Because of its importance as a defining aspect of and the unique aspects of thePcelebration which have been passed down through generations, Mexico s indigenous festivity dedicated to the dead was recognized by UNESCO as part of the of humanity in 2008. In Pre-Hispanic times, the dead were buried close to family homes (often in a tomb underneath the central patio of the house) and there was great emphasis on maintaining ties with deceased ancestors, who were believed to continue to exist on a different plane. With the arrival of the Spaniards and Catholicism, All Souls and All Saints Day practices were incorporated into Pre-Hispanic beliefs and customs and the holiday came to be celebrated as we know it today. The belief behind Day of the Dead practices is that spirits return to the world of the living for one day of the year to be with their families. It is said that the spirits of babies and children who have died (called angelitos, little angels ) arrive on October 31st at midnight, spend an entire day with their families and then leave. Adults come the following day. LearnPmore about the. The spirits are greeted with offerings of and things that they enjoyed when they were alive. These are laid out on anP in the family home. It is believed that the spirits consume the essence and the aroma of the foods that are offered. When the spirits depart, the living consumes the food and share it with their family, friends, and neighbors.
P Other items that are placed on the altar include, often with the person s name inscribed on the top, pan de Muertos, a special bread that is made especially for the season, and cempasuchil (marigolds) which bloom at this time of year and lend a special fragrance to the altar. See Da de los Muertos altars. In ancient times, people were buried close to their family homes and there was no need to have separate grave decorations and home altars, these were together in one place. Now that the dead are buried away from their homes, with the idea that the dead return there first. In some villages, flower petals are laid in paths from the cemetery to the home so that the spirits will be able to find their way. In some communities, it is customary to spend the whole night in the cemetery, and people make a party of it, having a picnic supper, playing music, talking and drinking through the night. Da de los Muertos and Halloween have some common features, but they are distinct holidays. They both come from early cultures beliefs about death that later mixed with Christianity. They are both based on the idea that the spirits return at that time of year. Customs around Halloween seem to stem from the idea that the spirits were malevolent (children were disguised so that they wouldn t be harmed), whereas in Day of the Dead festivities, the spirits are joyfully welcomed as family members that one hasn t seen in a year.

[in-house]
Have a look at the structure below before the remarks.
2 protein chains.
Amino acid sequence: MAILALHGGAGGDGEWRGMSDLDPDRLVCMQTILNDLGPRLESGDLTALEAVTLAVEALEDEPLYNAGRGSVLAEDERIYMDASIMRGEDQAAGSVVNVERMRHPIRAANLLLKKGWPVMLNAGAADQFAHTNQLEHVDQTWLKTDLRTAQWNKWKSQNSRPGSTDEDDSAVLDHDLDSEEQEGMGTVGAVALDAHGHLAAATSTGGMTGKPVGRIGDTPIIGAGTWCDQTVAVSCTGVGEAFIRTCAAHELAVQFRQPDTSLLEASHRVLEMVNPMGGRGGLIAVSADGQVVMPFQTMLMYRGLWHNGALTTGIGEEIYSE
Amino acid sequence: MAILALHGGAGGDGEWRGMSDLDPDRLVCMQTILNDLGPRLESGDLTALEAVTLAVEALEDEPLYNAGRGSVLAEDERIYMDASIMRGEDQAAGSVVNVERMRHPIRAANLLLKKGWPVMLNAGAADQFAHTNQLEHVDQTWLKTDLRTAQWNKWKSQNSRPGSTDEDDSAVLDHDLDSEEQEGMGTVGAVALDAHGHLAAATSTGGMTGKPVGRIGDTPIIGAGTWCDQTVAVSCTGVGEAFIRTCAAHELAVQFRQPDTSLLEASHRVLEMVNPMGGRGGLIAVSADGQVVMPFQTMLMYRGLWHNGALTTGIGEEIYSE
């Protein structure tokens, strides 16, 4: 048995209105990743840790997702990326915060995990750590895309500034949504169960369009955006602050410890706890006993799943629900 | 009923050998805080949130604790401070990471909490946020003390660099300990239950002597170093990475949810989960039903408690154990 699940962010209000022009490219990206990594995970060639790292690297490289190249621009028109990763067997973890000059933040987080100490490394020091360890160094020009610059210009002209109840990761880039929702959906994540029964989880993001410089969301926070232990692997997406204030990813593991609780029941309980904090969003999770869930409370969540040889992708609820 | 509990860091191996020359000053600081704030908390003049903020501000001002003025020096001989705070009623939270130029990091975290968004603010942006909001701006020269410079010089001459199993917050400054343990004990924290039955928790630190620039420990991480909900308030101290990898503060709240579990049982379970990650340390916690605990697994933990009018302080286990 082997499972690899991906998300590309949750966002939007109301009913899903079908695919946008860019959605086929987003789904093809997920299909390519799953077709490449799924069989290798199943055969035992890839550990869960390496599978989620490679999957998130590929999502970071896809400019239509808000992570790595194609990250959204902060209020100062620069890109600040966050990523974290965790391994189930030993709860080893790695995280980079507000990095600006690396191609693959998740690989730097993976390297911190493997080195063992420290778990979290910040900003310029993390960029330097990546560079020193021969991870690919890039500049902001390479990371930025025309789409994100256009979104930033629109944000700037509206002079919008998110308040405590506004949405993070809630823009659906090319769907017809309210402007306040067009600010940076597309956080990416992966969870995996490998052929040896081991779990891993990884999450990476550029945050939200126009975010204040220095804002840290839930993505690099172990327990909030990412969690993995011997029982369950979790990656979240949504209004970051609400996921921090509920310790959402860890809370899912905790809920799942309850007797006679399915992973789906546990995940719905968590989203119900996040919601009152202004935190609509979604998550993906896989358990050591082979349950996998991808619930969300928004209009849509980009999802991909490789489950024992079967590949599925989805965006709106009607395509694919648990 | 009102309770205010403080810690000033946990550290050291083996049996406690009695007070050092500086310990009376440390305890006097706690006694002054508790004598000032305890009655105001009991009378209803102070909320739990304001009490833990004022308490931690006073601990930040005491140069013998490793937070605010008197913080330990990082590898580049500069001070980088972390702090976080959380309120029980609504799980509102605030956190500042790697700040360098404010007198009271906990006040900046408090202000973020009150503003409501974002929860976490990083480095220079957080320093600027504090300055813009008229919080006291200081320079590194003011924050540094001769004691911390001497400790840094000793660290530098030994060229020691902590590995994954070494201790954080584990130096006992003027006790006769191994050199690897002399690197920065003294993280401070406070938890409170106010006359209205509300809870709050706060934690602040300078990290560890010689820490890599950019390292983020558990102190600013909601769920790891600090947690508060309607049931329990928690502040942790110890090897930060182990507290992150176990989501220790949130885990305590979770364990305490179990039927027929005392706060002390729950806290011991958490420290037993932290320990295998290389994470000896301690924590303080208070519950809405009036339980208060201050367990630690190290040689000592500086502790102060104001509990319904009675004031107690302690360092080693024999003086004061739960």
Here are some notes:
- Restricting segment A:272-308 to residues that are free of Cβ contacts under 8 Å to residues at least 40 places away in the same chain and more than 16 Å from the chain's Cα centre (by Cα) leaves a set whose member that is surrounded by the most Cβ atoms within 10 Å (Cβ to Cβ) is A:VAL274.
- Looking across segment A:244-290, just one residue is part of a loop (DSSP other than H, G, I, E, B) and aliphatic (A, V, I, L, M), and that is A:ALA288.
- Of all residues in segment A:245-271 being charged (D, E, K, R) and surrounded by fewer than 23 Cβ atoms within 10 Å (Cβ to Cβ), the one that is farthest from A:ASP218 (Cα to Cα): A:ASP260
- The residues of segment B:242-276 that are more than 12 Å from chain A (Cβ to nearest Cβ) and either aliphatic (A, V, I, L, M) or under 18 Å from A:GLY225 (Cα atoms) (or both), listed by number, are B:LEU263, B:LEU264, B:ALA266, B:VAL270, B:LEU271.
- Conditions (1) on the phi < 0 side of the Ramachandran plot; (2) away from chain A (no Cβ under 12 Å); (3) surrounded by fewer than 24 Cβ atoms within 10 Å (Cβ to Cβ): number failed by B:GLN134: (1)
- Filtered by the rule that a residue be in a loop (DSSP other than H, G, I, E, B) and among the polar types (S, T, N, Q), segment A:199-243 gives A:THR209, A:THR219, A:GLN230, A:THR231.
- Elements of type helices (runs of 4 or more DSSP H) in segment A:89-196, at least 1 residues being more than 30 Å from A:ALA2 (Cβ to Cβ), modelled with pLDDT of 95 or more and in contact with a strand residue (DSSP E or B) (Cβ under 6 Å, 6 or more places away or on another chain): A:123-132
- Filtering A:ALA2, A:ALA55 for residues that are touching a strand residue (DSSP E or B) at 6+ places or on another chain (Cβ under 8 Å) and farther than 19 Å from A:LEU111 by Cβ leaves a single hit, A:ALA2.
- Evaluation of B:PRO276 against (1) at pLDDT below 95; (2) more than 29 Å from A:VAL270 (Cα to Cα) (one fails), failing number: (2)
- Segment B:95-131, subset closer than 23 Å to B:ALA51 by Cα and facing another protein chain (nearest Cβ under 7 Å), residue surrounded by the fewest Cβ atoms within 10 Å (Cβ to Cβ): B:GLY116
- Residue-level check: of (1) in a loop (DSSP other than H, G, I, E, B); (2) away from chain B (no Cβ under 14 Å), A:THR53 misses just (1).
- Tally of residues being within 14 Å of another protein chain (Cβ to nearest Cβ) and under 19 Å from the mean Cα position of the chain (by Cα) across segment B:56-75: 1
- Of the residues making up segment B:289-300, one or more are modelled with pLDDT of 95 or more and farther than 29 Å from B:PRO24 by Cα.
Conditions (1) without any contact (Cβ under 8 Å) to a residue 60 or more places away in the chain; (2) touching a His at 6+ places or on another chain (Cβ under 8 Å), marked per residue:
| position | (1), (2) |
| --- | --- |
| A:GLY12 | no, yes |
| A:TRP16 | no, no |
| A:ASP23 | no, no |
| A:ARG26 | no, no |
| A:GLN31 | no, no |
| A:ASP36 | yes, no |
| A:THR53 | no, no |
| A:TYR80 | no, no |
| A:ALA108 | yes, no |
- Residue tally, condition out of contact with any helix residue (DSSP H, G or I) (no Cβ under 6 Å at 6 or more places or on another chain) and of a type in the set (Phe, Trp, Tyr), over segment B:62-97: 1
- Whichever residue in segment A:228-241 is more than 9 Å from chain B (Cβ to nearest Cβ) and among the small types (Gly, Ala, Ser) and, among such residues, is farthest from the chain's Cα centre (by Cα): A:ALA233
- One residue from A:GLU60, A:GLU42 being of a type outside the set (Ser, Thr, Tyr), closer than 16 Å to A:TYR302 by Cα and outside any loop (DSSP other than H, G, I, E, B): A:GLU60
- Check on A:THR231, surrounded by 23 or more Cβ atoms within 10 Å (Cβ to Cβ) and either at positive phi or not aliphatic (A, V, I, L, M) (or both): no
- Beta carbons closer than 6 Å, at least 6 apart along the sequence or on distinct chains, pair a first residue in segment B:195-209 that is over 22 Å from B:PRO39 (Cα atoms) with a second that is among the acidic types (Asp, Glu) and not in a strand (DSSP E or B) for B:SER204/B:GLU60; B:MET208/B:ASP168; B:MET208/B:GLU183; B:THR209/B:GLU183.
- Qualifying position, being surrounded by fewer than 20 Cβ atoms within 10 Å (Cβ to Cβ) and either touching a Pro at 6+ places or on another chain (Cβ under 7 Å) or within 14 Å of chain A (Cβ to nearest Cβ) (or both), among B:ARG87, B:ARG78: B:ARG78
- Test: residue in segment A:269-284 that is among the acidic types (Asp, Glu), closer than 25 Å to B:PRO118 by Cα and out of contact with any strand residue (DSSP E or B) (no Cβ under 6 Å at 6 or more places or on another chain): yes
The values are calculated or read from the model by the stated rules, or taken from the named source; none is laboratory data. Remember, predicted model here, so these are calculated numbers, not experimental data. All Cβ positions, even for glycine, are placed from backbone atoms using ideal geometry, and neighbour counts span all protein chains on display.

Da de los Muertos continues to change, and a mixing of cultures and customs continues to occur. Halloween festivities are becoming more prevalent in Mexico: masks and costumes are sold in the markets alongside sugar skulls and pan de Muertos, costume contests are held along with altar contests in schools, and some children dress up in costumes and go trick-or-treating ( pedir Muertos ). This holiday is an excellent time to visit Mexico. Not only will you be able to witness these special celebrations, but you can also enjoy other advantages of. Although families celebrate this holiday privately, there are many public displays that you can enjoy, and if you act respectfully, no one will mind your presence in the cemeteries and other public spaces where Mexicans celebrate and honor their deceased. Day of the Dead is celebrated in different ways in different locations throughout Mexico. Festivities tend to be more colorful in the southern region, particularly in the states of Michoacan, Oaxaca, and Chiapas. In rural areas, celebrations are mostly solemn whereas in bigger cities they are sometimes irreverent. There are a few destinations that are well-known for their Da de los Muertos observances. See our list of the best. If you can t make it to Mexico, you can still celebrate the holiday by Pto honor your loved ones who have passed on.